The frame: This is what first attracted me to blogging.  I was travelling in Mexico, and wanted to share what I saw (heard, felt, noticed, wondered at).  I started to write through the medium of a blog, and from there, I started looking for frames - the hooks, the opening lines, the prism, the frame through which I could invite you in and look.  That’s changed the way I think, and travel, and notice, and write… for good.  I think it’s for good anyway ;-)

Your archive: It’s all there in the archive.  Sometimes I find this deeply frustrating - the feeling that I’ve written just the thing I need to find, or refind, or learn or relearn, if I only had the time and the patience to rake properly through my own archives.  Whenever I take the time, I find a gem, not necessarily a gem of a post, but something that has meaning or significance, that tells me something essential, that helps me get to the heart of what I’m trying to say (teach, learn)

Learning from feedback: You can learn, always, from the feedback you get from your readers - from what people notice, comment on, from words that jump out and speak at them, from the way they respond to your words.  Sometimes they can see the essence of what you’re writing even when you can’t.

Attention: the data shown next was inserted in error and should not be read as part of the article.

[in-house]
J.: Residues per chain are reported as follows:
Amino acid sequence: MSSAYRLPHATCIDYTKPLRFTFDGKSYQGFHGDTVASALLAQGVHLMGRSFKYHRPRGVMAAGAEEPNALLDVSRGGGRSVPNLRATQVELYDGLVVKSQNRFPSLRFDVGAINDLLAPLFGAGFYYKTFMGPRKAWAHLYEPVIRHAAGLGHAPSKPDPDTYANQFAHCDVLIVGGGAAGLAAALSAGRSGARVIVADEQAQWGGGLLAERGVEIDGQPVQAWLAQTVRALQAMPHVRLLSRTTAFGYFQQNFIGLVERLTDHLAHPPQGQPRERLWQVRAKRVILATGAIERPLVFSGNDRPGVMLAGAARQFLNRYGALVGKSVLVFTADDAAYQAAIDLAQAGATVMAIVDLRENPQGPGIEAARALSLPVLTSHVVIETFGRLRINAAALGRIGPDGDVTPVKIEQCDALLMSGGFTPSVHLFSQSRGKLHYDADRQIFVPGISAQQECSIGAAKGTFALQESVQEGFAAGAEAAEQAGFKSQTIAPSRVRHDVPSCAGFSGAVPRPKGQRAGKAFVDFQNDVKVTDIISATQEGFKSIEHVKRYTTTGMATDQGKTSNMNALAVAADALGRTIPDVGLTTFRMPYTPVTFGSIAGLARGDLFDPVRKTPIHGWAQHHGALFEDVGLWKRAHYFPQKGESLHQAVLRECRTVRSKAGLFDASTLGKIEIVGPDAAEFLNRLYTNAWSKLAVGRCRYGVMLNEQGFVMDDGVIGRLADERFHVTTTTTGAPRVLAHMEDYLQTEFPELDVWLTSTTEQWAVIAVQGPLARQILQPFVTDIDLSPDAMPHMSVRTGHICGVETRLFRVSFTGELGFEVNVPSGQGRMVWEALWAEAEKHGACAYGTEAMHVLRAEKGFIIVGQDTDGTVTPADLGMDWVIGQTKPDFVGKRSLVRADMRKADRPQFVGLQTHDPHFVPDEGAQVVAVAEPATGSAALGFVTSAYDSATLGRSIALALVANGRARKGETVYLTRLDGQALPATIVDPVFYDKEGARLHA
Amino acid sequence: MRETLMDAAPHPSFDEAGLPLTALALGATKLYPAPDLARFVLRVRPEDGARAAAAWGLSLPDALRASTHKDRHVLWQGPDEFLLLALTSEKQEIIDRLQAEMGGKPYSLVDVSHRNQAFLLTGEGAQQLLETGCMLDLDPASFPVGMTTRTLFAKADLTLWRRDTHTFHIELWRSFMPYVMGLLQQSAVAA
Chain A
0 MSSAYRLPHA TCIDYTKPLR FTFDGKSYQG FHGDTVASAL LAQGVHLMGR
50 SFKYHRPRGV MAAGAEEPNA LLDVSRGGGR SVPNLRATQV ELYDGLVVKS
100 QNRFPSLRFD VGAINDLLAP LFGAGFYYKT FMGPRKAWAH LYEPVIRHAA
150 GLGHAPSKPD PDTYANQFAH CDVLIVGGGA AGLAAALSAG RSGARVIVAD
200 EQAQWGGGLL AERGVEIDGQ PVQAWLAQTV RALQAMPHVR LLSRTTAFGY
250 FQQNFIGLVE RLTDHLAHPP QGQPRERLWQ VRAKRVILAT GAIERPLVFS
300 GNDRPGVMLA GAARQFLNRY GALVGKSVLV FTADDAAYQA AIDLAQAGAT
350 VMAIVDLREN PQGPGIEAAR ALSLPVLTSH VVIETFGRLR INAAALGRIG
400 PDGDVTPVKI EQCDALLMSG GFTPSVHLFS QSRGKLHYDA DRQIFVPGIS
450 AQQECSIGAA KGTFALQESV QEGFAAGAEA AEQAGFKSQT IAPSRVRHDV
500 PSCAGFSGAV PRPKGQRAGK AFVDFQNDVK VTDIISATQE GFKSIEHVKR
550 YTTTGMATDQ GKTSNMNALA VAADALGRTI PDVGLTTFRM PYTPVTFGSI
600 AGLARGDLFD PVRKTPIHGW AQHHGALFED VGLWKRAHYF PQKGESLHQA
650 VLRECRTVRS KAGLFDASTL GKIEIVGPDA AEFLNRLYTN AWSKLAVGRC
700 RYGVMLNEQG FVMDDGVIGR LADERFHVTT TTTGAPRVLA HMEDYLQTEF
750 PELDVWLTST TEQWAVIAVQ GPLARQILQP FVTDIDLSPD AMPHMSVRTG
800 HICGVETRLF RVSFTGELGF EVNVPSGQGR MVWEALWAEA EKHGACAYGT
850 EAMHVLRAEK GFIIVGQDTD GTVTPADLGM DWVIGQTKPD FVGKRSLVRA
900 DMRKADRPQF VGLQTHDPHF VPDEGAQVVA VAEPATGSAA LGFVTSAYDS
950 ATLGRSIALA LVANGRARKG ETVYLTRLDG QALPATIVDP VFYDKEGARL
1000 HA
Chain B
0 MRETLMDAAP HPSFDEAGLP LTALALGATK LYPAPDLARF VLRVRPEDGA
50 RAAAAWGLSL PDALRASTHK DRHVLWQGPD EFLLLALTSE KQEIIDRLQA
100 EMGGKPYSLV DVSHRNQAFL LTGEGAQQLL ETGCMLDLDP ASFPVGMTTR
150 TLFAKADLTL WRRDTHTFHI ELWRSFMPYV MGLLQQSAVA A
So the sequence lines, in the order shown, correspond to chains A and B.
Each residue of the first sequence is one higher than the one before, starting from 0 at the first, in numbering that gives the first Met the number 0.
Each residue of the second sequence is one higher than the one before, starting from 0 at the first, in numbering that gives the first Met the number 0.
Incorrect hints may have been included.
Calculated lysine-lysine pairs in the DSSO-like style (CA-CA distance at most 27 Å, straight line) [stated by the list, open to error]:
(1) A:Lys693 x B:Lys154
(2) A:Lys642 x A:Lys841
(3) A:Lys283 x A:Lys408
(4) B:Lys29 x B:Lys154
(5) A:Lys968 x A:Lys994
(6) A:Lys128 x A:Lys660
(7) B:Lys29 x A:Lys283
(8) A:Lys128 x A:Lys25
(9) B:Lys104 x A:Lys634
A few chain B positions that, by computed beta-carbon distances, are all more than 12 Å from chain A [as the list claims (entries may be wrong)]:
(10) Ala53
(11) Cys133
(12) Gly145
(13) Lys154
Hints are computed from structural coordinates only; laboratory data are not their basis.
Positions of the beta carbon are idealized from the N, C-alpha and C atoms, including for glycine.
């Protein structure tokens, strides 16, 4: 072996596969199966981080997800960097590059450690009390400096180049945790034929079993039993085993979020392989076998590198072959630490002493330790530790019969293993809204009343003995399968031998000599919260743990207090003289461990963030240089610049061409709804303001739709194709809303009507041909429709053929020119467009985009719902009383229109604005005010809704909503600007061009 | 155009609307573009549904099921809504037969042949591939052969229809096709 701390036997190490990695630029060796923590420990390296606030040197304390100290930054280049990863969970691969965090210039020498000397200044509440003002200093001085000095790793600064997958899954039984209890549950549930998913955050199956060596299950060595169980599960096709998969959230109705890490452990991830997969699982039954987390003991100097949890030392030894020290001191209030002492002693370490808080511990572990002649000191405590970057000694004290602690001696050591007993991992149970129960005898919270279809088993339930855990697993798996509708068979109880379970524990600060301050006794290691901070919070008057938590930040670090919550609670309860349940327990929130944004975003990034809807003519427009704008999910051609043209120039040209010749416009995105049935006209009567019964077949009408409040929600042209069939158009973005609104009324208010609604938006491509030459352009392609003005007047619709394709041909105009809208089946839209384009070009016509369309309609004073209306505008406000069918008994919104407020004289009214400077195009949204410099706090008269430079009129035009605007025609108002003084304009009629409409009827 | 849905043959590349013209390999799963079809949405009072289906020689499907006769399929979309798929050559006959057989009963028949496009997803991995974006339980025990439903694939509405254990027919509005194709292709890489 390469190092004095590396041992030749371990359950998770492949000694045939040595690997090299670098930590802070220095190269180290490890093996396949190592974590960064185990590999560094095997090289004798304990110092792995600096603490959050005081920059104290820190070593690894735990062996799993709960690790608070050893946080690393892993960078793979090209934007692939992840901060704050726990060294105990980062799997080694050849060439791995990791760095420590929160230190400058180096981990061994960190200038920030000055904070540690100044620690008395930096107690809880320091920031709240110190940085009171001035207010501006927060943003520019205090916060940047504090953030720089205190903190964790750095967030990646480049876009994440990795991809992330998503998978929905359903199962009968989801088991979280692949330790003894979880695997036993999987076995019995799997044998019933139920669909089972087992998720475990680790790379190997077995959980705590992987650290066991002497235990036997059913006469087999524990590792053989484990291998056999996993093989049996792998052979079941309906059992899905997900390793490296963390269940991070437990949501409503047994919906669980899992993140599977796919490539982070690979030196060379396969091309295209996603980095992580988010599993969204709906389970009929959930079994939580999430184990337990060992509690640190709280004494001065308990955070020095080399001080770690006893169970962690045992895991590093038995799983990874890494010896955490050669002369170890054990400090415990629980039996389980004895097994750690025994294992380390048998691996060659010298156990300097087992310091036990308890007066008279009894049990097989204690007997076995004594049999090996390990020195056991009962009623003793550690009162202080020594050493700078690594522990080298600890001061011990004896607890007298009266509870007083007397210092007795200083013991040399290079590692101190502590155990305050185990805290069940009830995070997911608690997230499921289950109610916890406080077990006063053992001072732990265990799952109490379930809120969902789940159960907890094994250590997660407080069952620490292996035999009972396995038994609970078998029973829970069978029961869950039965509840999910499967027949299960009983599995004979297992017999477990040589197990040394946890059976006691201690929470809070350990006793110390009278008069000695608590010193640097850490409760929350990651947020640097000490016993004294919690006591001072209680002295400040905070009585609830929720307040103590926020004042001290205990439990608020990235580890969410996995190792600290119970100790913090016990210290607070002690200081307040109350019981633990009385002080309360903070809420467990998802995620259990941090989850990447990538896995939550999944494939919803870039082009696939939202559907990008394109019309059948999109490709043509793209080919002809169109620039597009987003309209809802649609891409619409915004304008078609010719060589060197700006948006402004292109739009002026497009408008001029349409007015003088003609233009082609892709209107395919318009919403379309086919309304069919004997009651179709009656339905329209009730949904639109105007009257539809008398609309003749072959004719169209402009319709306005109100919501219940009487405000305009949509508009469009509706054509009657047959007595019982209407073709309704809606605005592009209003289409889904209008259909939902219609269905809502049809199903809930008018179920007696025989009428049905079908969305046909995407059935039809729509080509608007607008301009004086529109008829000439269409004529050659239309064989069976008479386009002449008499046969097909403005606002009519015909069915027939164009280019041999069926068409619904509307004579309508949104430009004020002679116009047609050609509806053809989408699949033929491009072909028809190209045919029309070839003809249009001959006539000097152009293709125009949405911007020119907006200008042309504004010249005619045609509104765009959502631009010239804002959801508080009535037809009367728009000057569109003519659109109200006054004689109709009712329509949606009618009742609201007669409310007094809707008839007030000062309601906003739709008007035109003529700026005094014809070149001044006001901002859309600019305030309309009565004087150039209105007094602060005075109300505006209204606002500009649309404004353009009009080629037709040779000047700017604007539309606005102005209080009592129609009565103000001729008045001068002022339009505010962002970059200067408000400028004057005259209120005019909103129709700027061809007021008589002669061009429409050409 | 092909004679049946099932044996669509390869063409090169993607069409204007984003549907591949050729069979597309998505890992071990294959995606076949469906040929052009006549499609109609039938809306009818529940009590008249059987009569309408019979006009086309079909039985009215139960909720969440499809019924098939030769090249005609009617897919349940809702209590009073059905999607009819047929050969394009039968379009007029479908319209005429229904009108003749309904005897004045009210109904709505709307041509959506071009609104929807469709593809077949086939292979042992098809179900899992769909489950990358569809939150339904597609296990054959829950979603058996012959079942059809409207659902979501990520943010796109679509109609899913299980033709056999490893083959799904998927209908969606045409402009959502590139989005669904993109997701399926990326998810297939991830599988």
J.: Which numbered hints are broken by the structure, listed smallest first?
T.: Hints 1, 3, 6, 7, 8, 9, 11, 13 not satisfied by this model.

It’s a work in progress:  You don’t need to see the whole picture before you start to write a blog. You can set out with the intention to explore, to share, to work it out as you go along.  It provides the chance and the opportunity, if you’re brave, to share some of what you don’t know as well as what you do, what you’re learning, what you’re exploring, what you’re figuring out how to make happen. And perhaps that’s the only way we can find the essence - not by ‘knowing’ it in advance, but allowing it to emerge as we go.